Since winning their sixth Super Bowl last month, the Patriots remain the talk of the NFL, even if they've been relatively low-key when it comes to the league's free-agent signing period, which began on March 13.
The spotlight is sure to follow the club next week, when pro football's power brokers convene for the 2019 NFL Annual Meeting. For the fourth time in seven years, the yearly springtime gathering will take place in Phoenix, Arizona, a popular location for the league's owners, general managers, head coaches, and other influential executives, including Commissioner Roger Goodell.
The meeting officially opens on Sunday evening and closes Wednesday afternoon. However, most of the real business – debating and voting on rule change, bylaw, and resolution proposals, as well as other league issues – typically takes place on the Monday and Tuesday in between.
In past years, the Patriots have actively sought to amend certain rules by sponsoring their own proposals. For the fourth consecutive year, though, New England did not submit any such motions. Nevertheless, there seem to be at least a few items on this year's agenda that the Patriots might like to see approved.
REPLAYS UNDER REVIEW
There are 16 proposals to alter the NFL rule book this year. Seven were submitted by the NFL's Competition Committee, the remainder by various clubs. Many appear to overlap.
Proposal 6, by the Competition Committee, seeks a one-year trial period that would expand instant replay reviews to include (among other things) pass interference and roughing the passer penalties. Washington has submitted two proposals (numbers 9 and 10), one calling for all plays in a game to be subject to instant replay review and coaches' challenges, and another that would allow personal fouls to be reviewable.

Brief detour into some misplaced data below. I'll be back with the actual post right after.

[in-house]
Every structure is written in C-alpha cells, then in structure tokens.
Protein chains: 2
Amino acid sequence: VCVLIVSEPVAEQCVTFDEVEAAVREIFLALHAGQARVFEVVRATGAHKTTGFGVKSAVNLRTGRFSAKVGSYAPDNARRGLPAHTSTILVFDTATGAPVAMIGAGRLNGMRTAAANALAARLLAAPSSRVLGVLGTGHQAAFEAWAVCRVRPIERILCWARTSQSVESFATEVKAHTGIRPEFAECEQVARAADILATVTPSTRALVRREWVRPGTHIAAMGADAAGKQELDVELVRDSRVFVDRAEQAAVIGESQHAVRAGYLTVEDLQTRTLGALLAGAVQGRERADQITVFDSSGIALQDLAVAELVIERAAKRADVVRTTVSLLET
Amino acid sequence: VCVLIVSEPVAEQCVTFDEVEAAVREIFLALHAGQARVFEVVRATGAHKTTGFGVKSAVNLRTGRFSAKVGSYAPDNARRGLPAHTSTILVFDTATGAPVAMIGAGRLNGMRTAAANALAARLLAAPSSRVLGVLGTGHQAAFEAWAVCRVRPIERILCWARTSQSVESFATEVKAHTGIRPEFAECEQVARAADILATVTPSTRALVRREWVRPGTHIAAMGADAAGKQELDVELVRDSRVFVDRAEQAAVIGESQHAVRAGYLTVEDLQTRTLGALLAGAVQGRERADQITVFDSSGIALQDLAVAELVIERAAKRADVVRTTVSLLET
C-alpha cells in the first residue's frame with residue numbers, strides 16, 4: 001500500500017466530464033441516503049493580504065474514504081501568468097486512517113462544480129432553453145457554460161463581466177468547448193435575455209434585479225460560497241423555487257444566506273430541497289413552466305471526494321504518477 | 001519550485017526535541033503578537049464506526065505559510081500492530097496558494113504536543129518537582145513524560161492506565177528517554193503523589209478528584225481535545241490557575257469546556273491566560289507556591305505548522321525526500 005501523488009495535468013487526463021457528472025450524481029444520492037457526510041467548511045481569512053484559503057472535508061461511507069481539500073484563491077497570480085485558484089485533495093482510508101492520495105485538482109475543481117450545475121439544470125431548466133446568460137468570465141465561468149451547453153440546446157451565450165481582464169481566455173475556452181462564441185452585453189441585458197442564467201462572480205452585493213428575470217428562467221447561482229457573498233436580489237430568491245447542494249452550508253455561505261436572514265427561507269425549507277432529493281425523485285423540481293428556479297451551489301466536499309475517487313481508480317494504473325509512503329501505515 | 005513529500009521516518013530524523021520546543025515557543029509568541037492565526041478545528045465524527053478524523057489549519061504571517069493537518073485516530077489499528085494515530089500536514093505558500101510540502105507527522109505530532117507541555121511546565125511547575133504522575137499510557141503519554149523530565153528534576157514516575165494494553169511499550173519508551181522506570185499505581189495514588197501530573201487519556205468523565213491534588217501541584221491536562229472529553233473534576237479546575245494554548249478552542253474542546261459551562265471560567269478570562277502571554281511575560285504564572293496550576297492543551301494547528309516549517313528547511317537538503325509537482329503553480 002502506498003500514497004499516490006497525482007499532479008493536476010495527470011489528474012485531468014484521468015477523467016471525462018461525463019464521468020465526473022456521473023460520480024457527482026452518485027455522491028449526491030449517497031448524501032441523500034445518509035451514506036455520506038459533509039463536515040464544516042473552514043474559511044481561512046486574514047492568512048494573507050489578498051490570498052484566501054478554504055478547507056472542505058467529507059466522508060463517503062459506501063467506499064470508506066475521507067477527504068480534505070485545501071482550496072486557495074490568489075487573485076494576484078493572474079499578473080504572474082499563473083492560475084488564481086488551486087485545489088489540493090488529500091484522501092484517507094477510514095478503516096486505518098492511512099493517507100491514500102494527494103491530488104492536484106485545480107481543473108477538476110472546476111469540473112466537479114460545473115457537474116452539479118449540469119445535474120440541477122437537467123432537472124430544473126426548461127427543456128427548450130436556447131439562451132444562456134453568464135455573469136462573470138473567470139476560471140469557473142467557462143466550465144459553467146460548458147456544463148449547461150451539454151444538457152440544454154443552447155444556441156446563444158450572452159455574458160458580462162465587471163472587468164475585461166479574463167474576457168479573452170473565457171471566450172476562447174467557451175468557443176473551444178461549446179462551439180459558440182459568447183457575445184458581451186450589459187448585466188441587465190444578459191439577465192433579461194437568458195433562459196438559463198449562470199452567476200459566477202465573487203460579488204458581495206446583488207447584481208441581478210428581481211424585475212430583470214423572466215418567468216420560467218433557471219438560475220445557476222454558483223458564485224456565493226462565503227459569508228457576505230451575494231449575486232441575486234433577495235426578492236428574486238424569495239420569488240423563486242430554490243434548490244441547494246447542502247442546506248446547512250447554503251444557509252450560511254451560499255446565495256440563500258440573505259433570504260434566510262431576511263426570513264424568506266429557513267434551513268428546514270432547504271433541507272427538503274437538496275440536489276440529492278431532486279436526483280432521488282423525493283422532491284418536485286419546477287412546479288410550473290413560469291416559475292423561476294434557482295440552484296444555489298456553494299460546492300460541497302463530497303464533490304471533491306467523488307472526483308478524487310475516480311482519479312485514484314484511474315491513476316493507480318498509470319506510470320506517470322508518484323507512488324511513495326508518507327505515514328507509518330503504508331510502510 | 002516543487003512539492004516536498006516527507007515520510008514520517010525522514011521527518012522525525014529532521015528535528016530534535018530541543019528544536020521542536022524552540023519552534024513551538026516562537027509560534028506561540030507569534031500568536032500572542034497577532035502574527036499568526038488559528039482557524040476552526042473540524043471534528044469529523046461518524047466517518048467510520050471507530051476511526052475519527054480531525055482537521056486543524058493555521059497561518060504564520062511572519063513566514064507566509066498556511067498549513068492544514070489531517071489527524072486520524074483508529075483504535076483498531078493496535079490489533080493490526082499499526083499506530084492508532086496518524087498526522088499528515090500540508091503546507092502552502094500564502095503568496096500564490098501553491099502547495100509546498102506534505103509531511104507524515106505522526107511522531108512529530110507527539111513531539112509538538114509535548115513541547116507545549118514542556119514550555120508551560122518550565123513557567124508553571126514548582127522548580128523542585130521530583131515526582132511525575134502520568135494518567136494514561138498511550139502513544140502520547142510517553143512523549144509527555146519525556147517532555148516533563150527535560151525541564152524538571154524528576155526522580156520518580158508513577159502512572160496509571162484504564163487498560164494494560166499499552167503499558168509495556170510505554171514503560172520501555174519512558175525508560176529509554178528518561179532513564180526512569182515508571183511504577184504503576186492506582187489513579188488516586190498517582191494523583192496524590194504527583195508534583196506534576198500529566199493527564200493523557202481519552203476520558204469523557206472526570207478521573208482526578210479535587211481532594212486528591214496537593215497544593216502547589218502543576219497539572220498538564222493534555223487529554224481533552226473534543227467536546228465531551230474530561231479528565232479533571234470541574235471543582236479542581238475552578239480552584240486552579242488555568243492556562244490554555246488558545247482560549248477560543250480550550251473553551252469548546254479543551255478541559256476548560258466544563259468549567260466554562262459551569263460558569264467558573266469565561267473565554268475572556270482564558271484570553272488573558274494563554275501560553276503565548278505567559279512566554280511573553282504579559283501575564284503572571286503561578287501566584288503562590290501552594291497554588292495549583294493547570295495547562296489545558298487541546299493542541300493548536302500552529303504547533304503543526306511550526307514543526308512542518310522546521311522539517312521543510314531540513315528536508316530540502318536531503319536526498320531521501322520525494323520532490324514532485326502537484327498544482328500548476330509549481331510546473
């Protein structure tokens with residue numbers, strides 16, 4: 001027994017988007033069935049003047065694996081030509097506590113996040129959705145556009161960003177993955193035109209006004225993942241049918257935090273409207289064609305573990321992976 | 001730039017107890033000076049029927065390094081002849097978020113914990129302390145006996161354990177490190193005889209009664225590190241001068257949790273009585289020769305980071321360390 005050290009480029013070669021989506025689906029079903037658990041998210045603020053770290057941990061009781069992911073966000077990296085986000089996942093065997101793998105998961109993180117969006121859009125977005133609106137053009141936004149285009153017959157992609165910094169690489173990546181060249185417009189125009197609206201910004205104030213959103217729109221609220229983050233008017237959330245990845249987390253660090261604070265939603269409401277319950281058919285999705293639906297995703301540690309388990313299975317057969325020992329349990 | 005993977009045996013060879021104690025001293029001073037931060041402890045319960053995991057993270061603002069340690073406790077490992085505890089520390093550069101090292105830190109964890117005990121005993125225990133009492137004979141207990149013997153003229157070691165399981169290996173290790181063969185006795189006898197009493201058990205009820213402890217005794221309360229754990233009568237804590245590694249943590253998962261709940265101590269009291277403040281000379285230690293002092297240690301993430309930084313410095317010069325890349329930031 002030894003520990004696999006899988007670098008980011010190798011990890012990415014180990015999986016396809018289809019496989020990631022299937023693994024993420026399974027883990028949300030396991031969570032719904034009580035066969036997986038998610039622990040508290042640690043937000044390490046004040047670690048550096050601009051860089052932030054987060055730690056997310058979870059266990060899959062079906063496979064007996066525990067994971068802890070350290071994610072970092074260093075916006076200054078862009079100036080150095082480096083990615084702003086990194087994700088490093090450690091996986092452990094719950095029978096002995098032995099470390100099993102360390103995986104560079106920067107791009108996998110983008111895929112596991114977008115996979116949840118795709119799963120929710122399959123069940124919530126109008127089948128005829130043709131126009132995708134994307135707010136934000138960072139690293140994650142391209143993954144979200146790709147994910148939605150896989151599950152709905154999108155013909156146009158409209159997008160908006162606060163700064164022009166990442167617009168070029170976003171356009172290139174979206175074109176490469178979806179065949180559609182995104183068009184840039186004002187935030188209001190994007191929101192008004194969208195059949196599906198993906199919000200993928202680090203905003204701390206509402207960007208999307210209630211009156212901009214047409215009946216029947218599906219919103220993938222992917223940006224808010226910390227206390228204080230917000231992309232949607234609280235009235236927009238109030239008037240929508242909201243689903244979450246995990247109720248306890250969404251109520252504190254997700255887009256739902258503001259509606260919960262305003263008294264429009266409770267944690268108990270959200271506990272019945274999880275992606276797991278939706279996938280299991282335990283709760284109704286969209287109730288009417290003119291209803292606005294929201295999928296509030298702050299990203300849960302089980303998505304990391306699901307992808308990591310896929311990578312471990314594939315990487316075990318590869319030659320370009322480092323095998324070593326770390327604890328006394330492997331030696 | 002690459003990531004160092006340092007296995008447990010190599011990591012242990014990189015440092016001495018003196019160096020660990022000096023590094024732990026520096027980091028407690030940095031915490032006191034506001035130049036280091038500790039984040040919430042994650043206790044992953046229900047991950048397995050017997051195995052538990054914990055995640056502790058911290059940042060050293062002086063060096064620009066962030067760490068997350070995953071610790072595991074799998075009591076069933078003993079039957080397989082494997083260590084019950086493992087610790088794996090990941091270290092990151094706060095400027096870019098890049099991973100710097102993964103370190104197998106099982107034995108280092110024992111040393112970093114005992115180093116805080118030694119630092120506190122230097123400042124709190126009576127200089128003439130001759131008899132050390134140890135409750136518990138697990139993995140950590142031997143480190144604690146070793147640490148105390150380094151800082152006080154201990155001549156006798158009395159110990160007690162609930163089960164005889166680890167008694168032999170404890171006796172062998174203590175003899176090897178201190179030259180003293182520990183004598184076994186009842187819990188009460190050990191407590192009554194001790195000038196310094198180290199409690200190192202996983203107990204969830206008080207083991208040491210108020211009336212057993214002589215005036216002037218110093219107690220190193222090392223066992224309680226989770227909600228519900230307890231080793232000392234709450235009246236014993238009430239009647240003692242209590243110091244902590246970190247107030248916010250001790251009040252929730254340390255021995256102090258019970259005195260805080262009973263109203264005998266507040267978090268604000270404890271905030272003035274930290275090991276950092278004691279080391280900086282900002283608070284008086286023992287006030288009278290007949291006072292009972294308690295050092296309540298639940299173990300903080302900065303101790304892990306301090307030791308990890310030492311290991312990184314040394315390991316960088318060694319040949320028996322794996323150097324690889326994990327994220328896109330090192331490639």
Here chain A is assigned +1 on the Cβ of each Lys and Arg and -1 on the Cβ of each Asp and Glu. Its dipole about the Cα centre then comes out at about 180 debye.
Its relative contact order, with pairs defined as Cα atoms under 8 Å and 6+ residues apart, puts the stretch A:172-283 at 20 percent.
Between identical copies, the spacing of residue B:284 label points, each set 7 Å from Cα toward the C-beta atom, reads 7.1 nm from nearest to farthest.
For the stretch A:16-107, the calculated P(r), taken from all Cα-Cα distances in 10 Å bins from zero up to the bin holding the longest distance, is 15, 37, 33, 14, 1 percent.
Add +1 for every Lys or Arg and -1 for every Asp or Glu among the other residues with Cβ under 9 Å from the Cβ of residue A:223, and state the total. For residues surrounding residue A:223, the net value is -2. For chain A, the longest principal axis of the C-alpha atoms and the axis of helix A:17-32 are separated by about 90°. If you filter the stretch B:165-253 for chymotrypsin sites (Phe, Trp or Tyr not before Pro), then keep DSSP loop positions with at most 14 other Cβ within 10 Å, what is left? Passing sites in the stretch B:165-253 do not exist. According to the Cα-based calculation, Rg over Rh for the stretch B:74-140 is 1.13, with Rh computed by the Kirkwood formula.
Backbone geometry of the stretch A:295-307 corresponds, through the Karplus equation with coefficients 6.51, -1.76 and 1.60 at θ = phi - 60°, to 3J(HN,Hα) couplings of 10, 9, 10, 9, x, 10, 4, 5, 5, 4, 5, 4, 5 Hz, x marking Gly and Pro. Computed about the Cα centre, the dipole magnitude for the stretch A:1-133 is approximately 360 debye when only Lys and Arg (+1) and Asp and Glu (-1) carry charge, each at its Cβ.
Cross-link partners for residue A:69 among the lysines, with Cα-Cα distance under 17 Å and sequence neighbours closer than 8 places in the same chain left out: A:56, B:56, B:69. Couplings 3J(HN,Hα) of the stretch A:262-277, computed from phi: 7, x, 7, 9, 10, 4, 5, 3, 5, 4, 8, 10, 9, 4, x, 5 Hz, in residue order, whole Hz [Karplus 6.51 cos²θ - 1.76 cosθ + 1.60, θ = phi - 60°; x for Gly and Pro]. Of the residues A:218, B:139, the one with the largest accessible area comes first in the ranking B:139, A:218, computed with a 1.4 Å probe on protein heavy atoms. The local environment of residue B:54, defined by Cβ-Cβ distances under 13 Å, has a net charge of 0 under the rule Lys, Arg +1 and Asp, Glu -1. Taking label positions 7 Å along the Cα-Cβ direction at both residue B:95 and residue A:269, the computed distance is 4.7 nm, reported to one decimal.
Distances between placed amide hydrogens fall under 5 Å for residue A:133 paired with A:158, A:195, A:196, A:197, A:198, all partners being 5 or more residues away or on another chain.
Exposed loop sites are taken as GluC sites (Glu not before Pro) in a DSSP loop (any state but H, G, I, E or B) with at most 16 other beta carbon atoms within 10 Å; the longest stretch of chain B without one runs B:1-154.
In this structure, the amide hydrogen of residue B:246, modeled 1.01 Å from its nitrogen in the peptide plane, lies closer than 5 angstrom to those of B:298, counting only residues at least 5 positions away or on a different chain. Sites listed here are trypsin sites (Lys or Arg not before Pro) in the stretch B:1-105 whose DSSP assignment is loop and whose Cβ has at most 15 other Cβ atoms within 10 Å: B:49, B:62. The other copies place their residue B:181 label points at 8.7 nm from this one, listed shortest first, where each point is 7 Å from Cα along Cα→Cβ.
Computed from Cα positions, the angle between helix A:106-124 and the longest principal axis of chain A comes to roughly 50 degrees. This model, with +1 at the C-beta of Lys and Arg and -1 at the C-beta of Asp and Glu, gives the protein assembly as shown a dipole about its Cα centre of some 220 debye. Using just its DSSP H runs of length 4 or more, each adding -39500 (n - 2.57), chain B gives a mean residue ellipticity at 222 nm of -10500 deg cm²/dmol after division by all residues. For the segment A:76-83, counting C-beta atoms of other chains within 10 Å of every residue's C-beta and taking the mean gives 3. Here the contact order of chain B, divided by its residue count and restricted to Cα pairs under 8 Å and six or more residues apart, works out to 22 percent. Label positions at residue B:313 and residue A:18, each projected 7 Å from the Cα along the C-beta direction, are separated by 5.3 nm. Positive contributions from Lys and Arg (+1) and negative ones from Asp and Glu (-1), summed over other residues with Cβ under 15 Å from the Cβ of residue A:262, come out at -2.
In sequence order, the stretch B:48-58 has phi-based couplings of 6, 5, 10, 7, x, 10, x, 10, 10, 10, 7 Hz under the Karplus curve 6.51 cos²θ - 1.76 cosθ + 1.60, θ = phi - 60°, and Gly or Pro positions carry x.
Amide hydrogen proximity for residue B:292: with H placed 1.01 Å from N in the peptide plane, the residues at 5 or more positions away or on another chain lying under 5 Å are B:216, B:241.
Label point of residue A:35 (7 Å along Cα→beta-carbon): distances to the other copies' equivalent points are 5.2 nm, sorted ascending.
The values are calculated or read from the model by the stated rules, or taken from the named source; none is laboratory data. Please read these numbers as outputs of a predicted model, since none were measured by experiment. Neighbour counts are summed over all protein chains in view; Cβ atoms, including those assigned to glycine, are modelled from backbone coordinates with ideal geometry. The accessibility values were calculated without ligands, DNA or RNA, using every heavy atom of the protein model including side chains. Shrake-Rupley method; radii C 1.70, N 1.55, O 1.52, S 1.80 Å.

In Proposal 11, Kansas City is asking for the latter to include personal fouls that are called, as well as those that aren't called, and that they be among the plays that coaches can challenge. Carolina, the L.A. Rams, Philadelphia, and Seattle have partnered on a proposal, No. 12, which would give coaches the freedom to challenge calls (made or not made by officiating crews on the field) involving player safety.
Philadelphia (No. 13) and Denver (Nos. 14 and 15) are offering solo proposals to have specific plays or circumstances included in the allowable instant replay review system.
At prior Annual Meetings, the Patriots and head coach Bill Belichick have submitted and argued in favor of changing the rule book to allow head coaches more leeway when it comes to challenging officiating decisions and having plays reviewed. It would be fair to assume, therefore, that New England might support any or all of these similar proposed changes.
New England is always well-represented at the Annual Meeting, and this year will be no different. According to the NFL's Media Information Guide, Patriots chairman and CEO Robert Kraft is scheduled to serve on four NFL Committees, including the Media Committee which he chairs. He's also slated to sit on the NFL Network, Finance, and Compensation Committees. All are returning seats for Kraft.
Patriots president Jonathan Kraft will reprise his role as chairman of the Digital Media Committee and serve on the Business Ventures Committee, of which he's been a member for several years.
Head coach Bill Belichick is also expected to attend and take part in the mandatory NFL Coaches Breakfast on Tuesday morning. For that hour, he and the league's other 31 head coaches must field questions from the media.
DEALS TO BE DONE?
It's possible, of course, that New England could continue to conduct roster-related business next week. With all the key decision-makers from each of the 32 teams being in the same place at the same time, it's conceivable, for example, that additional contract extensions/restructures, free agent signings, and draft choice trades could be executed.
A patriots.com team will be on the ground in Phoenix to cover whatever transpires next week. Look for written and video updates Monday and Tuesday right here on patriots.com.